“Finally we have a Right wing government,” he began. “Finally we have a right-wing prime minister, right-wing defense minister, right-wing Minister of Education, right-wing justice minister, right-wing Minister of Agriculture and even right-wing Minister of Transport… Now there is no one on the left to litter the agenda!”

And yet, he persisted, even without a shred of leftwing involvement, “look at what is happening around us: the waves of violence are stronger. An Intifada of stones has turned into terrorism of Kalashnikovs and Carl Gustavs and the citizens are scared to walk around Jerusalem, Tel Aviv and Gush Etzion.”

“What’s the greatest mistake of the right wing government?” he continued to joke, answering his own trick question: “That there is no real left wing to blame. It really is a tragedy: even I thought we were getting a bunch of heroes with super powers – but it turns out we got SpongeBob leaders.”

SpongeBob SquarePants is the hero of an animated television series created by marine biologist and animator Stephen Hillenburg for Nickelodeon, chronicling the adventures and endeavors of SpongeBob and his friends in the underwater city of Bikini Bottom. The series has been involved in several public controversies, including one centered on speculation over SpongeBob’s sexual orientation.

Herzog, who is often self deprecating regarding his own effeminate public persona in Israel’s macho political jungle, obviously picked the SpongeBob imagery to suggest his seemingly macho political enemies were, in fact, the effeminate ones. Not a sure-win choice on the week of the Orlando gay club massacre.

Herzog reminded his audience that “for years the Right preached that we had to remain in Lebanon, and had to sacrifice hundreds of soldiers every year to secure the northern border. Then came Ehud Barak and he took us out of Lebanon and created a political situation that is not ideal but the number of our fatalities decreased dramatically, and Northern agricultural workers and tourism are thriving…. For years the Right has preached that talking with the other side would be the end of the state, the end of the Zionist enterprise, the destruction of the Third Temple. Then came Shimon Peres and Yitzhak Rabin z”l who talked with Arafat, the head of a dangerous and deadly terrorist organization, and they reached understandings that turned the other side and its leadership from one of hijackings and murdering civilians indiscriminately to a diplomatic organization that worked with us on political and diplomatic issues.”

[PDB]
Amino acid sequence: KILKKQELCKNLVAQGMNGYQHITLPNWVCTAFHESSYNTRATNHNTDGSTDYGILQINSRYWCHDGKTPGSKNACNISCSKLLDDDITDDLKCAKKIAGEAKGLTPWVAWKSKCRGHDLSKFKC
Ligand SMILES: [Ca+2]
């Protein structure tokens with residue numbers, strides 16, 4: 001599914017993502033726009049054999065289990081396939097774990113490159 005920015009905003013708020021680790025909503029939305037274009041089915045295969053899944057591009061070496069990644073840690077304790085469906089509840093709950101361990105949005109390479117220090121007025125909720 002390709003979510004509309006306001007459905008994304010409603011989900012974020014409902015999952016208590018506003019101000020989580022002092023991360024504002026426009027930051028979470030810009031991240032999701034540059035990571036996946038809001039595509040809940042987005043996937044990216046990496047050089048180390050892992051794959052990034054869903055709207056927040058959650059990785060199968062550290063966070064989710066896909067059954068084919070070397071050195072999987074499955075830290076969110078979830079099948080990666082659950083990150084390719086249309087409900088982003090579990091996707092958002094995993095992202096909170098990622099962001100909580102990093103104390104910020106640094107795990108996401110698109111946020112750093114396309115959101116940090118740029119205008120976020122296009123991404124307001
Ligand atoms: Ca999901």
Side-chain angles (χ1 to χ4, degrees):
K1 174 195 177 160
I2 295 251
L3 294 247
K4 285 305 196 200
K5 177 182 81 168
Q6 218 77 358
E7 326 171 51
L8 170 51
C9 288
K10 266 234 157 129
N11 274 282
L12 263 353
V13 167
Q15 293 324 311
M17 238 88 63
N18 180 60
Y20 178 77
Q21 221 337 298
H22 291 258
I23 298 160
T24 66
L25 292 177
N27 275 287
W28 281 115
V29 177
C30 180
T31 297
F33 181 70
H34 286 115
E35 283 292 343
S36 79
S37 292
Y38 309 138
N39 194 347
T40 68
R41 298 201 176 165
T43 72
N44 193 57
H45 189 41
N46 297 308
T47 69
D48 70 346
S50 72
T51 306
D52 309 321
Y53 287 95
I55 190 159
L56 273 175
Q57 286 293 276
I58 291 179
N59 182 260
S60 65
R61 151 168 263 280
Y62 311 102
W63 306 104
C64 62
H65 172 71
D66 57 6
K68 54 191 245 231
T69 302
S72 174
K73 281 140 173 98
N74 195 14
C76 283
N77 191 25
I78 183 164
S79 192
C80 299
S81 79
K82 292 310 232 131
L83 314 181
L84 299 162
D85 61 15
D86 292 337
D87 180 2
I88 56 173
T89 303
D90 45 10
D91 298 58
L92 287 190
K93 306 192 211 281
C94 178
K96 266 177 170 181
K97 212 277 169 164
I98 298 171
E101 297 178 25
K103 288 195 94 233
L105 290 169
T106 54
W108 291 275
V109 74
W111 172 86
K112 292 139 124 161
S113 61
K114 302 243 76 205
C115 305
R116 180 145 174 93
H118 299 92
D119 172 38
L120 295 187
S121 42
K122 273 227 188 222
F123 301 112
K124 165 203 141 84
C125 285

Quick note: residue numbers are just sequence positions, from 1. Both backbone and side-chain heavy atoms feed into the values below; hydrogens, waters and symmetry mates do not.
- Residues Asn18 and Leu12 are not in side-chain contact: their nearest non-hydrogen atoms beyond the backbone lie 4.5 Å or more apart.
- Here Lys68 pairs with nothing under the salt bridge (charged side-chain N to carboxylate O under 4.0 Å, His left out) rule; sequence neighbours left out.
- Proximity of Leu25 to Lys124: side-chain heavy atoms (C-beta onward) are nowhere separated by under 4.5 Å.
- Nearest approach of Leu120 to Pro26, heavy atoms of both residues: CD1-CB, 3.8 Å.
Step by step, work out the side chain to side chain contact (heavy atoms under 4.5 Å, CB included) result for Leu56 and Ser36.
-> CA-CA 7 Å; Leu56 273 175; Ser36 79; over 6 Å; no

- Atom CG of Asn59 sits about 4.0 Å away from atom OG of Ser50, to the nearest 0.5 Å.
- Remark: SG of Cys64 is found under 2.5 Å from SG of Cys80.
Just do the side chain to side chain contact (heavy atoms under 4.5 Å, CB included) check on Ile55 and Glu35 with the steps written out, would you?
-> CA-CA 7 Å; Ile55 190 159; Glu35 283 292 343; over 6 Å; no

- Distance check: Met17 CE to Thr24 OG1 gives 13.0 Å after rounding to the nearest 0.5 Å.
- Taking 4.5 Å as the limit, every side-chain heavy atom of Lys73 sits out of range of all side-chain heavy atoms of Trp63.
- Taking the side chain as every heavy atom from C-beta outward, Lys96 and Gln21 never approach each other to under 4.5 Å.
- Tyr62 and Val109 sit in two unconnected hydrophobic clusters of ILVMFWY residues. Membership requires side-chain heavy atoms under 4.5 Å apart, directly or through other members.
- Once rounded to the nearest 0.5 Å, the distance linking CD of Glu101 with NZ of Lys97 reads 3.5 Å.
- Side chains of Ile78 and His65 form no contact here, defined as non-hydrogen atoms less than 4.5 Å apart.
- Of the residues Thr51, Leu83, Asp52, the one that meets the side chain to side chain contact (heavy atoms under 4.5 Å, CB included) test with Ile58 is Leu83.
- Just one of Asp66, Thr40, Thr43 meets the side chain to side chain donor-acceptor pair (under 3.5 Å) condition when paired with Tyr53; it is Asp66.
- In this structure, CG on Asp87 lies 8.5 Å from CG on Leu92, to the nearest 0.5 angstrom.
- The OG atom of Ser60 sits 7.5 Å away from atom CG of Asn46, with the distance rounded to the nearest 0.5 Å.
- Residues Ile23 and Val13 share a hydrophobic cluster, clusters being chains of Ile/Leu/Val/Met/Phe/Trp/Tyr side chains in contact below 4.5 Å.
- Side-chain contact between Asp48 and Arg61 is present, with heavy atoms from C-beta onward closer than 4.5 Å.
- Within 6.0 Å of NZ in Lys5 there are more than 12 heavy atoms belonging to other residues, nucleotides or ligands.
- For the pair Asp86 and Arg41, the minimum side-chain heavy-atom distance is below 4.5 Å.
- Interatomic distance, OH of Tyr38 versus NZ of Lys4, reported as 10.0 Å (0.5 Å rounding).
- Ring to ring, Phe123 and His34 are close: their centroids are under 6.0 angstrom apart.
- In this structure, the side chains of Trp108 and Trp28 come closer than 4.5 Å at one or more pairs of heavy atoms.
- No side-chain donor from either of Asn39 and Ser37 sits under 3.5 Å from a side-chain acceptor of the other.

Delivered outside the context of the several thousand murdered Israelis who have been the casualties of the Rabin-Peres-Arafat peace deal, Herzog’s ideas sounded outright reasonable. He did fail to mention the rivers of blood that ensued each time Israeli leaders on both sides of the aisle have attempted to ply Arafat et al with territorial concessions.

Herzog continued to list his perceived highlights of the various governments and leaders of Israel, again without the benefit of knowing what followed those brave men’s best plans: “Begin, Rabin, Peres and Sharon were not afraid to put their personal fate on the altar for the good of the country and won spots in the Hall of Fame of Israeli leadership.”